We learned about the Mobile Creches organisation, providing care and education for the children of female workers at their places of work e.g. on building sites.
The tour finished with a look at some traditional games.
In Kenya, we visited villages where the challenge and responsibility of caring for children is shared by the wider community. And, we had the chance to see children playing their indigenous games.
Our journey to Colombia provided an opportunity to be informed about the challenges of children who have suffered the trauma of living with the constancy of violence and its effects on their communities, families and their own wellbeing. And we met Nini, such an inspiring lady, who teaches the children in her own Wayuu community.
Closer to home, there were 2 main themes showcased from Scotland – Forest School and Men in Early Years Care and Education (a subject close to my heart). The inspiring Claire Warden introduced us to the Auchlone Nature Kindergarten where we saw children relishing the freedom to explore, to think, to create and to grow in independence in the beauty of the Scottish countryside.
Kenny Spence, from Men in Childcare not only presented, he also wrote and recorded his own song as an accompaniment to one of the presentations. Many from around the world were impacted by the work of Men in Childcare, particularly the testimonials spoken to camera from some of the parents and female colleagues saying what a difference it makes having men involved in young children’s care and education.
In Lebanon, we met 100 children throughout the tour, who introduced themselves individually. It was a wonderful focus on and reminder of the key element in our common advocacy. We do this for the children.
We were reminded of the social, geopolitical, religious and cultural challenges affecting this region and Lebanon in particular. The country is dealing with the aftermath of the tragic massive explosion in the centre of Beirut. We looked in on the therapeutic work taking place with children affected by it. We also saw the work amongst the many displaced families and war refugees.
The Nepalese introduced us to their culture, traditions, people groups, languages, food, cooking and of course, their wonderful children.
The Rainbow Nation
When it comes to discussing geopolitics, entrenched inequality, discrimination and historic trauma, South Africa is sadly a prime case study, and yet it is also an optimistic nation, acknowledging its challenges and looking to a more hopeful future. Our tour featured the stunning landscapes and biodiversity as well as the wonderful people.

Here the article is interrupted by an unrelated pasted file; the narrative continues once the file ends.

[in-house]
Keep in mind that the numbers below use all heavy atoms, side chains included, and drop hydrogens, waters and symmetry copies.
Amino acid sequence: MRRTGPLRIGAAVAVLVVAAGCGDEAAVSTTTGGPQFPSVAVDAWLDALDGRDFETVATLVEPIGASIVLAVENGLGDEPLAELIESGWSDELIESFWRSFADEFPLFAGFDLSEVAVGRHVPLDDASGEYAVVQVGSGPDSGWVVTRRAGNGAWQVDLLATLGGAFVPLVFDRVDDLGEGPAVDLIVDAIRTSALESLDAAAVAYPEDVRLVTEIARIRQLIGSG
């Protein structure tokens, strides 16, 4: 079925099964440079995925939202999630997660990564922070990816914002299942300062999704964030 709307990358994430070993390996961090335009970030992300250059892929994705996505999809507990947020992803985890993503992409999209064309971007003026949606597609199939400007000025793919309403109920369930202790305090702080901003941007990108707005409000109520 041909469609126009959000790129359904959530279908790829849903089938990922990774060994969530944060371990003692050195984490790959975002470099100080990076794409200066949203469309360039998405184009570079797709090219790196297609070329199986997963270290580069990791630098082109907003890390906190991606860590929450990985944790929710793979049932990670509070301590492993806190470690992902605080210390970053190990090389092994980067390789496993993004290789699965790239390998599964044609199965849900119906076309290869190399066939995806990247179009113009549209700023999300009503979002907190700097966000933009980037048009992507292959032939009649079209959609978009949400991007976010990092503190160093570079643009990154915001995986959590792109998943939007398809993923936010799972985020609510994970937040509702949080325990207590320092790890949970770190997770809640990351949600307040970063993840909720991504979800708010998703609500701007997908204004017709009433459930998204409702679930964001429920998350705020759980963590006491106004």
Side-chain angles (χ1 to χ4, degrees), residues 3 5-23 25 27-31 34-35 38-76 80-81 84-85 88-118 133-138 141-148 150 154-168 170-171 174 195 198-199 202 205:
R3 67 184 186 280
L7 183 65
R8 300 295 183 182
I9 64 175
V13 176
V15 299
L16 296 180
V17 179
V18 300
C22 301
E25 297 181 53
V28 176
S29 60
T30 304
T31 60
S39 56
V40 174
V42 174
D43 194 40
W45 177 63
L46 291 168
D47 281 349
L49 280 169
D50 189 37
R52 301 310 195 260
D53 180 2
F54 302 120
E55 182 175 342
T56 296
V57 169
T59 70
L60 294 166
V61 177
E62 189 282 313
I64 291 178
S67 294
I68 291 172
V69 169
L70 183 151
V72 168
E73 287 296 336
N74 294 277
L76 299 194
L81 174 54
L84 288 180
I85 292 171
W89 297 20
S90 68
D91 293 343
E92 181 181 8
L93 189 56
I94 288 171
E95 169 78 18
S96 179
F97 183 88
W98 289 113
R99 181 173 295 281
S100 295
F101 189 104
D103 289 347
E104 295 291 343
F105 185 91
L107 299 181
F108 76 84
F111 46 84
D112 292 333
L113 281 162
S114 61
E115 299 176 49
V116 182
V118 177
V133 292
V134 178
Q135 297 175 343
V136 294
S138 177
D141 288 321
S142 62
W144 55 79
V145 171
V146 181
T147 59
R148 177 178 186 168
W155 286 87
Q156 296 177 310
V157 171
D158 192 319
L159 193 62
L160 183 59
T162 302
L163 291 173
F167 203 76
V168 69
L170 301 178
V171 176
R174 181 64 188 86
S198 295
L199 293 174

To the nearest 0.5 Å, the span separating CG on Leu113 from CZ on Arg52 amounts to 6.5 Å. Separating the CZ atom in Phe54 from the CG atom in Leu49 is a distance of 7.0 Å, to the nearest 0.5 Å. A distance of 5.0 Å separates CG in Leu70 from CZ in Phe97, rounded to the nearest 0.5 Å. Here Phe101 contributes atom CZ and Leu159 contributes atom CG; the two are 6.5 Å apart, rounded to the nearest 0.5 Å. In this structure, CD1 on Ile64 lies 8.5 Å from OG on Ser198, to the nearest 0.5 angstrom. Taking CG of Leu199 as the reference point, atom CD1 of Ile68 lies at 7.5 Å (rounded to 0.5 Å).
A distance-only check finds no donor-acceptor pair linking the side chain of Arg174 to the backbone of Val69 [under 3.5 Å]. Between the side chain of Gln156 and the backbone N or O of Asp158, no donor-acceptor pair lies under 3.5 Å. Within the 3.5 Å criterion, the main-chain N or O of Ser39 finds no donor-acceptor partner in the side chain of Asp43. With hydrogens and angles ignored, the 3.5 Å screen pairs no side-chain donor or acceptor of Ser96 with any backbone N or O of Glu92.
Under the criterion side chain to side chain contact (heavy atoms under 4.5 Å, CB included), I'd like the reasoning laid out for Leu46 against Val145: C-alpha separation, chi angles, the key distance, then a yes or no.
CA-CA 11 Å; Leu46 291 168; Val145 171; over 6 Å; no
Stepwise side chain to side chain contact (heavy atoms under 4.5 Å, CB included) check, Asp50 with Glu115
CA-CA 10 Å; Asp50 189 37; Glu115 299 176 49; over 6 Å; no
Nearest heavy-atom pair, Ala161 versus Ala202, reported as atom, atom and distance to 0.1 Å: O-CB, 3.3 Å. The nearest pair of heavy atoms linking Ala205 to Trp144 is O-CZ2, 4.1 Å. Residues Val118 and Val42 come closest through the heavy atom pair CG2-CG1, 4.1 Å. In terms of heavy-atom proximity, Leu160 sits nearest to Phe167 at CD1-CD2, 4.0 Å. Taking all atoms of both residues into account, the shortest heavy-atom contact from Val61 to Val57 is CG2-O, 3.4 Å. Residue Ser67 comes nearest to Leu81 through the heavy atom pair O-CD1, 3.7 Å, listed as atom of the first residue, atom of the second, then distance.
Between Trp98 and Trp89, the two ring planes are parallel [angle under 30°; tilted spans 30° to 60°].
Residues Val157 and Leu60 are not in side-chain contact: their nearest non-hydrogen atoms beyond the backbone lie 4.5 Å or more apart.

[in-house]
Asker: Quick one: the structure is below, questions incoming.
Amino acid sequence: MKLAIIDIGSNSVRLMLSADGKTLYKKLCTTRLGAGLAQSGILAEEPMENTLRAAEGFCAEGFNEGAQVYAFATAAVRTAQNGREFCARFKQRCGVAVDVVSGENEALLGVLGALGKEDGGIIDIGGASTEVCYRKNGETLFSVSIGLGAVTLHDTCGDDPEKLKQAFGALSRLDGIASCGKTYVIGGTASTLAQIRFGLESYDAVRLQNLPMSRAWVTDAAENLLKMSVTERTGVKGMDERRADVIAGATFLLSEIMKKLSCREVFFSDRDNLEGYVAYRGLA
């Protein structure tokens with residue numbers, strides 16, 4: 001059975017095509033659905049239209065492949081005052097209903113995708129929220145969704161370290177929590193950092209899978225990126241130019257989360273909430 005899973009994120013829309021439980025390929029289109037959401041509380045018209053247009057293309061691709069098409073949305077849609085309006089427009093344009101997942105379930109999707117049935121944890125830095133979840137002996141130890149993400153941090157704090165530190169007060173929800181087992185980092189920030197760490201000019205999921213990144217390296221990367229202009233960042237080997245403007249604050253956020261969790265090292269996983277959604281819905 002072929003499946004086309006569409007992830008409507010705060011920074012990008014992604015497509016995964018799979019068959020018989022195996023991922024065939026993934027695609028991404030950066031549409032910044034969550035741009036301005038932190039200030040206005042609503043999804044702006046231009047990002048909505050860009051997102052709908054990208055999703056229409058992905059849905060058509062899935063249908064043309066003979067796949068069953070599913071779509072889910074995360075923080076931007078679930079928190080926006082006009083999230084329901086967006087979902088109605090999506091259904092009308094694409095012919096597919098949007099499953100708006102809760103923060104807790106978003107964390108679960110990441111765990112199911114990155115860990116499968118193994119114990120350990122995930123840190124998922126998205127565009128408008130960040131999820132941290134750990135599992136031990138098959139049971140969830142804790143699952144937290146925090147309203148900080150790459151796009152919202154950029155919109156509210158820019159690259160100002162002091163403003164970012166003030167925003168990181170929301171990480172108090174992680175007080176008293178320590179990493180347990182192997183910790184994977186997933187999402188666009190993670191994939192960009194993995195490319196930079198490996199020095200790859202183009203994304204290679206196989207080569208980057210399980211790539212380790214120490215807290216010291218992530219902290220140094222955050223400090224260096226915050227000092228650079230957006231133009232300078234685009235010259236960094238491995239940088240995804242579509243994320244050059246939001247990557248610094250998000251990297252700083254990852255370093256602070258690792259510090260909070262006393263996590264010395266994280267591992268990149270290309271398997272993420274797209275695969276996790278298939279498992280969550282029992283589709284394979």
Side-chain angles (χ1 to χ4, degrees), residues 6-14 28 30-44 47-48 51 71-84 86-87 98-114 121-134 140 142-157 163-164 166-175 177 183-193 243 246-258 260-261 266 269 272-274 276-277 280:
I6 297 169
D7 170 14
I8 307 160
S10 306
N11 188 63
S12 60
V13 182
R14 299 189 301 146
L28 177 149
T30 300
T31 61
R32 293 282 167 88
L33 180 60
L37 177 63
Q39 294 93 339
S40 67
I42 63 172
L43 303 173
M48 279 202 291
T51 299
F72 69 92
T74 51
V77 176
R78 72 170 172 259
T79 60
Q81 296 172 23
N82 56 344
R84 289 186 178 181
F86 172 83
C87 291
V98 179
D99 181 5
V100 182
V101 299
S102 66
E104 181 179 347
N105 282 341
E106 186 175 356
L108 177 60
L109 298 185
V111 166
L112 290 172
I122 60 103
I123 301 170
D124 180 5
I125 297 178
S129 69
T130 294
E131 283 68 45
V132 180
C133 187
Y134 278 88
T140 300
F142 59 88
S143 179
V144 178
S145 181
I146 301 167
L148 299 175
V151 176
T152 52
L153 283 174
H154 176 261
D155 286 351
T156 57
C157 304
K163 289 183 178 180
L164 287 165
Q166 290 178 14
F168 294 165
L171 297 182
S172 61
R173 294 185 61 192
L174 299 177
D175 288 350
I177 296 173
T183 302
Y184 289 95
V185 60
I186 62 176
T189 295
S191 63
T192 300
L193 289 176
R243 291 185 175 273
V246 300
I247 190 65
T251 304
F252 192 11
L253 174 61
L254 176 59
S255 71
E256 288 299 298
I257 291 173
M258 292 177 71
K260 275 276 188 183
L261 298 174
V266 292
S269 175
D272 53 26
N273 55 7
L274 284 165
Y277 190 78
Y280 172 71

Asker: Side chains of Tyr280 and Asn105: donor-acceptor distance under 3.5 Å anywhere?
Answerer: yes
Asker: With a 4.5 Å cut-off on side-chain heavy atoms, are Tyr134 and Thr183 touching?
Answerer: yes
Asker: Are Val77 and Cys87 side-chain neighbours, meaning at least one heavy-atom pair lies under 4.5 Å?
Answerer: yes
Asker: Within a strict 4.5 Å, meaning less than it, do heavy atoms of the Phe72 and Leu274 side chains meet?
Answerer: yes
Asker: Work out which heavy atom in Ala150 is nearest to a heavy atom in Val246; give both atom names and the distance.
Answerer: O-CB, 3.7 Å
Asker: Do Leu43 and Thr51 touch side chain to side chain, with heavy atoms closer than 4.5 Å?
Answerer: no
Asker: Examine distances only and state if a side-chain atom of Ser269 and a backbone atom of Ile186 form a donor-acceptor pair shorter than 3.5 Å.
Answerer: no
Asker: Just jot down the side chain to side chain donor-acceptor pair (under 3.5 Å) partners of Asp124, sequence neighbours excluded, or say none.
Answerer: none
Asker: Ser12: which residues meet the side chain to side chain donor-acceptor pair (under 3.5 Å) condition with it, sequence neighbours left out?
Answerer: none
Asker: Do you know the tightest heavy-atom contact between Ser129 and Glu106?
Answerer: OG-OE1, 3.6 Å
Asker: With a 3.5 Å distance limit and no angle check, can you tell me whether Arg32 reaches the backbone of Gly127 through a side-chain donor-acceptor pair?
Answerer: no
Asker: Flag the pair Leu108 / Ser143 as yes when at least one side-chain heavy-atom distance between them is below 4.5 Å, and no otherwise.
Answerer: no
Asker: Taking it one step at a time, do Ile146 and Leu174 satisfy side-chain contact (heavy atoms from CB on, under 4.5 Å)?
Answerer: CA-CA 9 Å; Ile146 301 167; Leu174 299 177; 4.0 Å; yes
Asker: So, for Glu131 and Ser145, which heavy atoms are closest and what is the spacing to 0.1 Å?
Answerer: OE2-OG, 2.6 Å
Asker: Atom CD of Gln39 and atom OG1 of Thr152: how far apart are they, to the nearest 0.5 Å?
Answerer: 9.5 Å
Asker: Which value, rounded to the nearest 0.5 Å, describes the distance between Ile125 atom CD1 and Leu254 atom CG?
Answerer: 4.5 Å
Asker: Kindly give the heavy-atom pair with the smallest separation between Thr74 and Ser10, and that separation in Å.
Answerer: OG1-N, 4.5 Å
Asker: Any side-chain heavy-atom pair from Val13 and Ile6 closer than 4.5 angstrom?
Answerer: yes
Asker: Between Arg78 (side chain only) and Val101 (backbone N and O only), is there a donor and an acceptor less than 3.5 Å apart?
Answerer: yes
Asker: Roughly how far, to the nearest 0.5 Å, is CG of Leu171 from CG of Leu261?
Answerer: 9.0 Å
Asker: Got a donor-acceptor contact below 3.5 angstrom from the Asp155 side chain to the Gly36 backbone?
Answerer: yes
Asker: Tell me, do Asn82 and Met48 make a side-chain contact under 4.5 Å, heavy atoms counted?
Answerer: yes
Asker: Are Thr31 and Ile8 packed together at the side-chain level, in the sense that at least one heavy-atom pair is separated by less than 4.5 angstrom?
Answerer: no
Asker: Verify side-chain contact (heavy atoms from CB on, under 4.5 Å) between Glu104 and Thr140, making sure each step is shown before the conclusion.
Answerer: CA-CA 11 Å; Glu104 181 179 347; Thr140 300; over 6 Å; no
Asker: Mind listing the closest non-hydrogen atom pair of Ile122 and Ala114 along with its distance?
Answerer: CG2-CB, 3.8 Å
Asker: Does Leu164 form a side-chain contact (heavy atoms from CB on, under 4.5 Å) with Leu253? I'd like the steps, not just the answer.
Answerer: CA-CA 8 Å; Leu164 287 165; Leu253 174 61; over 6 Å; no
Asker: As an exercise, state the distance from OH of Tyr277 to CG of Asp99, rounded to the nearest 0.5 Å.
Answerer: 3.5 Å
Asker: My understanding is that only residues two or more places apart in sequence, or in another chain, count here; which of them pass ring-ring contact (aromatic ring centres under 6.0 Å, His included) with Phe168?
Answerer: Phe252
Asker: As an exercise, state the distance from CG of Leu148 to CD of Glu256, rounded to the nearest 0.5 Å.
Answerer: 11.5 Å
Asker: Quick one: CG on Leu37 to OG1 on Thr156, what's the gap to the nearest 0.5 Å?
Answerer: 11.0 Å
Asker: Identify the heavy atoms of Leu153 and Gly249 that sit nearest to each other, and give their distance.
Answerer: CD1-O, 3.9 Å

ROMA COMMUNITIES IN EUROPE
Not a physical country but a dispersed people group with a strong sense of identity and proud understanding of their heritage, a nation who have suffered and continue to suffer discrimination. It is their personal stories of resilience and fierce determination that are so impactful in this moving set of presentations.
Our visit to Fiji encompassed its heritage, beauty, traditions, sense of adventure, the challenges of climate change and…. mud – lots of it. Such joy and abandonment!
In Mexico we visited an inspiring centre, guided by Ivan who showed us their approach to children’s active learning. He used the graphic analogy of the teacher as a ‘ping-pong’ player, serving and returning the ball, as an equal partner with the child, rather than a ten-pin bowler sending deliveries down the alley at the pins.
We observed children in their centre, participating in their programmes of active, self-chosen and initiated learning.
Other videos explored conflict resolution strategies and a project passing on traditional skills to children, making Lele dolls.
The tours were bookended by live plenary sessions. The opening session included a panel discussion on experiences of dealing with covid in different countries, including the national representative for England, one David Wright.
I can’t end this summary of the virtual tour without acknowledging our wonderful hosts Luis and Priyanka who moved us on each day between countries, with energy, insight and enthusiasm. We marvelled at the various modes of transport employed, from rickshaw to hot air balloon!
SEE YOU NEXT YEAR AT THE
2022 WORLD FORUM ON EARLY CARE AND EDUCATION!
Blog post written and submitted by David Wright, United Kingdom.
David is a member of the World Forum Foundation Working Group on Men in ECE, World Forum Foundation National Representative for England, and Owner of Paint Pots Nurseries.